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Biography

Lolly Shera

Lolly Shera is a contemporary landscape painter, praised for her evocative, timeless landscapes. Her oil paintings evoke a contemplative quality, awakening a sense of place that is both mysterious, yet familiar. Lolly’s inspiration draws upon the works of the late 19th c. American Tonalist movement. Just like the early masters, Lolly uses her field sketches and memory to create a poetic response to the subtle beauty and peaceful rhythms of nature. The composition and geometry of spatial relationships that are presented in the landscape are always the impetus for choosing a motif. Back in the studio she may further the design with a radical simplification of the subject. The luminous surface of her paintings is derived from applying many layers of transparent and translucent paint. Through her work, it is Ms. Shera’s goal  to engage the viewer in a conversation about their own memories and experiences in nature.

Ms. Shera graduated from Georgetown Atelier in 2014, where she received advanced training in classical figurative and still-life drawing and oil painting. Her interest in landscape painting has been a life long passion.  She continued with formal art training at The Landscape Atelier in Clarksville, TX, studying under nationally-acclaimed master artist, Deborah Paris.  Ms. Shera completed the rigorous landscape curriculum in 2018.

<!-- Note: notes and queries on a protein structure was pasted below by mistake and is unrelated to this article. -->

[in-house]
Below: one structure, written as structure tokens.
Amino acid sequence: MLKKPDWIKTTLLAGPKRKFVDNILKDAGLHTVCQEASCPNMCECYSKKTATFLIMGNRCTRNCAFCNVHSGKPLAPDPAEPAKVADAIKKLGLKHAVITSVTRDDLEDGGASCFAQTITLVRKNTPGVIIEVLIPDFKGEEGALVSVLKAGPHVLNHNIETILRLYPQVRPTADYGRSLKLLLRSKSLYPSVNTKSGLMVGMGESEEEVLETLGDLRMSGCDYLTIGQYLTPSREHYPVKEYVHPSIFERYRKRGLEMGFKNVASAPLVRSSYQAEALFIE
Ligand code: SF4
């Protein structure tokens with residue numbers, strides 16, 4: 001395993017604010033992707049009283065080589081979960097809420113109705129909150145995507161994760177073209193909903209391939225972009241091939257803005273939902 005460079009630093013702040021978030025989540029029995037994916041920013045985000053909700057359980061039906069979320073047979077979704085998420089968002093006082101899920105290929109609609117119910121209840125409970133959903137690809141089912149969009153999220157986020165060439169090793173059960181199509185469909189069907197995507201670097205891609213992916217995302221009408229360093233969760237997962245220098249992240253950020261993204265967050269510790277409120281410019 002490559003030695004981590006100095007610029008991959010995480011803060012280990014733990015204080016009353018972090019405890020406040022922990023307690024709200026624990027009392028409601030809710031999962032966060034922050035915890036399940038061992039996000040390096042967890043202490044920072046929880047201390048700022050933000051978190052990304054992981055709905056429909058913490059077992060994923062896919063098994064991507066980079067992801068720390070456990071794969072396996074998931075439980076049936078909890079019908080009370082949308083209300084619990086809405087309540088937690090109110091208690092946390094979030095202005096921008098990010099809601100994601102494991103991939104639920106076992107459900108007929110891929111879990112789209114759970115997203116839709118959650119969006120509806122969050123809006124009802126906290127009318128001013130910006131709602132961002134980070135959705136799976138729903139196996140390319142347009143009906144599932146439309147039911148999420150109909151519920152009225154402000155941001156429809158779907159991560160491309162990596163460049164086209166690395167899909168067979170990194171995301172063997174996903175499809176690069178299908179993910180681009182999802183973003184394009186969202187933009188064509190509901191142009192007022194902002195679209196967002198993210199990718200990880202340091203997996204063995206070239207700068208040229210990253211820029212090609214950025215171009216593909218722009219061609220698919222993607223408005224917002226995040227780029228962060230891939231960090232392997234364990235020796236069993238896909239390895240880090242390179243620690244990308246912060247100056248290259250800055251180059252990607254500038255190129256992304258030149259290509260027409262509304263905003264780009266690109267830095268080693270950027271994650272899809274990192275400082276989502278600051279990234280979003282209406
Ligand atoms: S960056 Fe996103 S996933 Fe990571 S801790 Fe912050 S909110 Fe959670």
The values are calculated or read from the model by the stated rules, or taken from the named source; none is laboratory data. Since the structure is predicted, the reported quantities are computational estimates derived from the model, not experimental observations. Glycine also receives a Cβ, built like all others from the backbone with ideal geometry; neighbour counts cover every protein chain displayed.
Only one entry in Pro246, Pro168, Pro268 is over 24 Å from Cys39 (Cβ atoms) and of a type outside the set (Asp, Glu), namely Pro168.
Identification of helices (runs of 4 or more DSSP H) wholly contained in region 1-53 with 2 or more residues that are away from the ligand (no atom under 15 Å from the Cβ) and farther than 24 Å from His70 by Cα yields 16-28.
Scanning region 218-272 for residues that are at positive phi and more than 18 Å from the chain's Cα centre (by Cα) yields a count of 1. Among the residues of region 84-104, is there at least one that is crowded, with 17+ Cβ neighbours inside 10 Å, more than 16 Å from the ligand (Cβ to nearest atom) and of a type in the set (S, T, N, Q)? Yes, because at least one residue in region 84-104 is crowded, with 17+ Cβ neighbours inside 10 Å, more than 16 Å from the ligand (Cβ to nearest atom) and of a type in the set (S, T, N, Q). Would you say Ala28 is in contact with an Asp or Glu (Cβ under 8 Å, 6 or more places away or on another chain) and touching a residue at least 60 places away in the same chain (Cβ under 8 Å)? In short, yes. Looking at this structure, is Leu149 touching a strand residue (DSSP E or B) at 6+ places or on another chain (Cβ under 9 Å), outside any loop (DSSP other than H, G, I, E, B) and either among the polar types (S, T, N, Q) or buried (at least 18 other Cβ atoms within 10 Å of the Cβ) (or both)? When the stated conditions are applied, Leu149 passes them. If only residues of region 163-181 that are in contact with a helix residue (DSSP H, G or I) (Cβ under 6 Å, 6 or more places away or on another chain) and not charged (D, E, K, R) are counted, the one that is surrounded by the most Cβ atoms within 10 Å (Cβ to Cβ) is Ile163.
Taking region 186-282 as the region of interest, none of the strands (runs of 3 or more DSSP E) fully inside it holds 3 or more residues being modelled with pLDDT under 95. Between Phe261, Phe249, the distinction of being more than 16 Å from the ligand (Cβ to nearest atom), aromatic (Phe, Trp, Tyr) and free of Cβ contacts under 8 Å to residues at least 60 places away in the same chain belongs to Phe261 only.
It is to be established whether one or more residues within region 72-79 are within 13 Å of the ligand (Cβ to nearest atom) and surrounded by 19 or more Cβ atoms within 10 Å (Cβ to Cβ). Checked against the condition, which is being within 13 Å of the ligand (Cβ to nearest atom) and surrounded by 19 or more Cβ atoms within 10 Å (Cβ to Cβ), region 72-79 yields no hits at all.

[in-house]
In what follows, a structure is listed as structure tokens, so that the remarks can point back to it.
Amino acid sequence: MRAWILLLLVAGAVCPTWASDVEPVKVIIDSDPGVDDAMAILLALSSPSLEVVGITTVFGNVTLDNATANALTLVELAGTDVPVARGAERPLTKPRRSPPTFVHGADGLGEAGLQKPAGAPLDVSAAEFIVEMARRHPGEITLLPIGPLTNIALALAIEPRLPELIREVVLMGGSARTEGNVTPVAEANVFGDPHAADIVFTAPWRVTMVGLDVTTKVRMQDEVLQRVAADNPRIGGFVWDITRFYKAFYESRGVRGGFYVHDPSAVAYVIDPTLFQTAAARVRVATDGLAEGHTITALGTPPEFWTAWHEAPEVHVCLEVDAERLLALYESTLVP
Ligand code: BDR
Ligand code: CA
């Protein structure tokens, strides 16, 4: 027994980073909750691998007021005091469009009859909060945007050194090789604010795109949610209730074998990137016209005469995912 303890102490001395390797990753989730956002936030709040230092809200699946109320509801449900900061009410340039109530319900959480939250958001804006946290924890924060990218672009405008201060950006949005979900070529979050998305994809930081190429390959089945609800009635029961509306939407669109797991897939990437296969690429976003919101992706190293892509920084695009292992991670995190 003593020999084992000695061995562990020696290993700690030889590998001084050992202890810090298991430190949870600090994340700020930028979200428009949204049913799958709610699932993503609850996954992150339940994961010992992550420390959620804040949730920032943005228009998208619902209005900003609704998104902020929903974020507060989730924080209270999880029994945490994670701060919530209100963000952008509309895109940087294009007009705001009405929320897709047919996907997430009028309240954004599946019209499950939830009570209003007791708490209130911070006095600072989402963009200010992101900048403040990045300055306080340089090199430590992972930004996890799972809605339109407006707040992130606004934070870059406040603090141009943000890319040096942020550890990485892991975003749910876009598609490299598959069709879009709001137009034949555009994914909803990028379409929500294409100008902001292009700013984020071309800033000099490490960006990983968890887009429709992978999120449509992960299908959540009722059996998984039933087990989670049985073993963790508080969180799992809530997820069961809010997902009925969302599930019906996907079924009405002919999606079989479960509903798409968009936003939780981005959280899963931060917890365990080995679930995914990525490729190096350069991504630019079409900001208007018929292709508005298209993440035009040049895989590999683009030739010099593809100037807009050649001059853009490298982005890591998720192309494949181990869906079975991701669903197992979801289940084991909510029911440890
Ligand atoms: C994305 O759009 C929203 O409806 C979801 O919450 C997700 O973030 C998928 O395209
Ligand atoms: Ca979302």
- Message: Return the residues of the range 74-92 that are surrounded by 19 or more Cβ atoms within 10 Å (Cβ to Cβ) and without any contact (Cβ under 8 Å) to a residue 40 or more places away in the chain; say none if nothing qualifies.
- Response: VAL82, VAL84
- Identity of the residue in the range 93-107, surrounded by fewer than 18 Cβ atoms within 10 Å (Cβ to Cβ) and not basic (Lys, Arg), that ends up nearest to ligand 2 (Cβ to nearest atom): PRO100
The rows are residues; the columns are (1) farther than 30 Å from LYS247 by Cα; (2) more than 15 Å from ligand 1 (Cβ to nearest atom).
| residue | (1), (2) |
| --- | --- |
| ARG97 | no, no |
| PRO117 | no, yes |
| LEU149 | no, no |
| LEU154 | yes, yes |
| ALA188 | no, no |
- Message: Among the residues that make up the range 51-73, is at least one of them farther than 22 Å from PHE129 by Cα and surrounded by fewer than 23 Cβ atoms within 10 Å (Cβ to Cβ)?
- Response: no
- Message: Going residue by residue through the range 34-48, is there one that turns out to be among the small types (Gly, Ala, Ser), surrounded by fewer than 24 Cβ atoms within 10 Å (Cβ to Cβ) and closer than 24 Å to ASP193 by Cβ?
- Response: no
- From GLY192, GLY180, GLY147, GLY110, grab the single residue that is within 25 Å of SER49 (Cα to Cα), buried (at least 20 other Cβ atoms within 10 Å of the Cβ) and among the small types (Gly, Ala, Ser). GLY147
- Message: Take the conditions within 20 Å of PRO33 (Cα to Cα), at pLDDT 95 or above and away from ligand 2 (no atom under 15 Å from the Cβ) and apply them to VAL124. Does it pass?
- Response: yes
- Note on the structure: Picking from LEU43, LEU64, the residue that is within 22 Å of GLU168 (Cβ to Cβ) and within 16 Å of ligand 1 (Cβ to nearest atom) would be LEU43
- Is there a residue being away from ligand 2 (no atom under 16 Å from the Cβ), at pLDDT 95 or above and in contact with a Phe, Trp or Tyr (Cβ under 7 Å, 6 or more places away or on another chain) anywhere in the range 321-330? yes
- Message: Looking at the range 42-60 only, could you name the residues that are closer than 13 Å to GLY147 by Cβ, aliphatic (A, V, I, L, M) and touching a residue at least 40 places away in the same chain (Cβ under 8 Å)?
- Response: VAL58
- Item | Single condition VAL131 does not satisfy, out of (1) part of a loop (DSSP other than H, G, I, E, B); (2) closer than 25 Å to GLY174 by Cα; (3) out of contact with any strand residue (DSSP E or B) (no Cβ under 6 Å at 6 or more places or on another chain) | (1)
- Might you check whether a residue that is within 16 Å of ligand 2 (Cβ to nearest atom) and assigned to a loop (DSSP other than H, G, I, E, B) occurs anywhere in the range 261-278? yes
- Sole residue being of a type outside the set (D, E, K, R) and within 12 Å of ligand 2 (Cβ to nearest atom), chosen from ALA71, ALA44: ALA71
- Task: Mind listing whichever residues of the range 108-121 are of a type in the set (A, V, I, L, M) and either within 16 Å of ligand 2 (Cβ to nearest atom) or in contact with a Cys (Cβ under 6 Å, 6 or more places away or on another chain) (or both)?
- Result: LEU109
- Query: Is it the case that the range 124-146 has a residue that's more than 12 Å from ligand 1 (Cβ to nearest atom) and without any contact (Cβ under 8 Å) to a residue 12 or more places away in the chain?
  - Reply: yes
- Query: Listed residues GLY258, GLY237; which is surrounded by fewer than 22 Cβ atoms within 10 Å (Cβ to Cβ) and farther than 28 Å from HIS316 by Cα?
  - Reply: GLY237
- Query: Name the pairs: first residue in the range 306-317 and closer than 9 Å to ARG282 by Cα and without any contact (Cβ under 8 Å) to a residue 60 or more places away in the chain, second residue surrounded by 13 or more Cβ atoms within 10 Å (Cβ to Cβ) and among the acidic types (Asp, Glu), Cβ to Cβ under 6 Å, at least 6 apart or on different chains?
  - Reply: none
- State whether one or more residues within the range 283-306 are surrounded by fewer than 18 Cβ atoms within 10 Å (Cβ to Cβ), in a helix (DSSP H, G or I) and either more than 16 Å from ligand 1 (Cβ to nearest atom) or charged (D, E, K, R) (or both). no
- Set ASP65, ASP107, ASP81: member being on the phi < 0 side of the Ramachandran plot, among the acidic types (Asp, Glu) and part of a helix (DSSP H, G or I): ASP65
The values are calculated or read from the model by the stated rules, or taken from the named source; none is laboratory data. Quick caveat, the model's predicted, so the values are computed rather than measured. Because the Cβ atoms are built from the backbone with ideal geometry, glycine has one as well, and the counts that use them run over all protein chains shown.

Recent accomplishments for 2019 include: a Solo exhibition at Gallery Mack in Seattle, and inclusion in three juried competitions: National Oil and Acrylic Painters Society (NOAPS) Spring Online Exhibition, Plein Air Painters of WA, Scott Milo Gallery, Anacortes, WA, and the Anacortes Arts Festival, WA. In 2018, Ms. Shera participated in the NOAPS Juried Exhibition, “Best of America – Small Painting Exhibition”. In addition, Ms. Shera’s landscape drawings were published in two books; first, “The Essential Techniques of Landscape Drawing”, by Suzanne Broker, Watson-Guptill, and second,  “The History of the Deschutes Club”, a well established fly fishing organization whose mission includes land conservation and protection of the Deschutes River, OR. In 2016, Lolly’s artwork was featured on the Animal Planet TV show, “Treehouse Masters”, and she held a solo exhibition at the Clymer Museum & Gallery in Ellensburg, WA. Finally, in 2015 Lolly received the “Best of Show” award at the Clymer Museum’s Juried Exhibition, “West of the Mississippi”. Lolly’s work may be found in private collections throughout the United States.

A native of Washington state, Lolly, and her husband, Peter, enjoy the outdoors together, hiking, mountain biking, fly fishing and backcountry skiing. She is represented by Gallery Mack in Seattle, WA.

“The true end of art is not to imitate fixed material condition, but to represent living emotion.” by George Inness.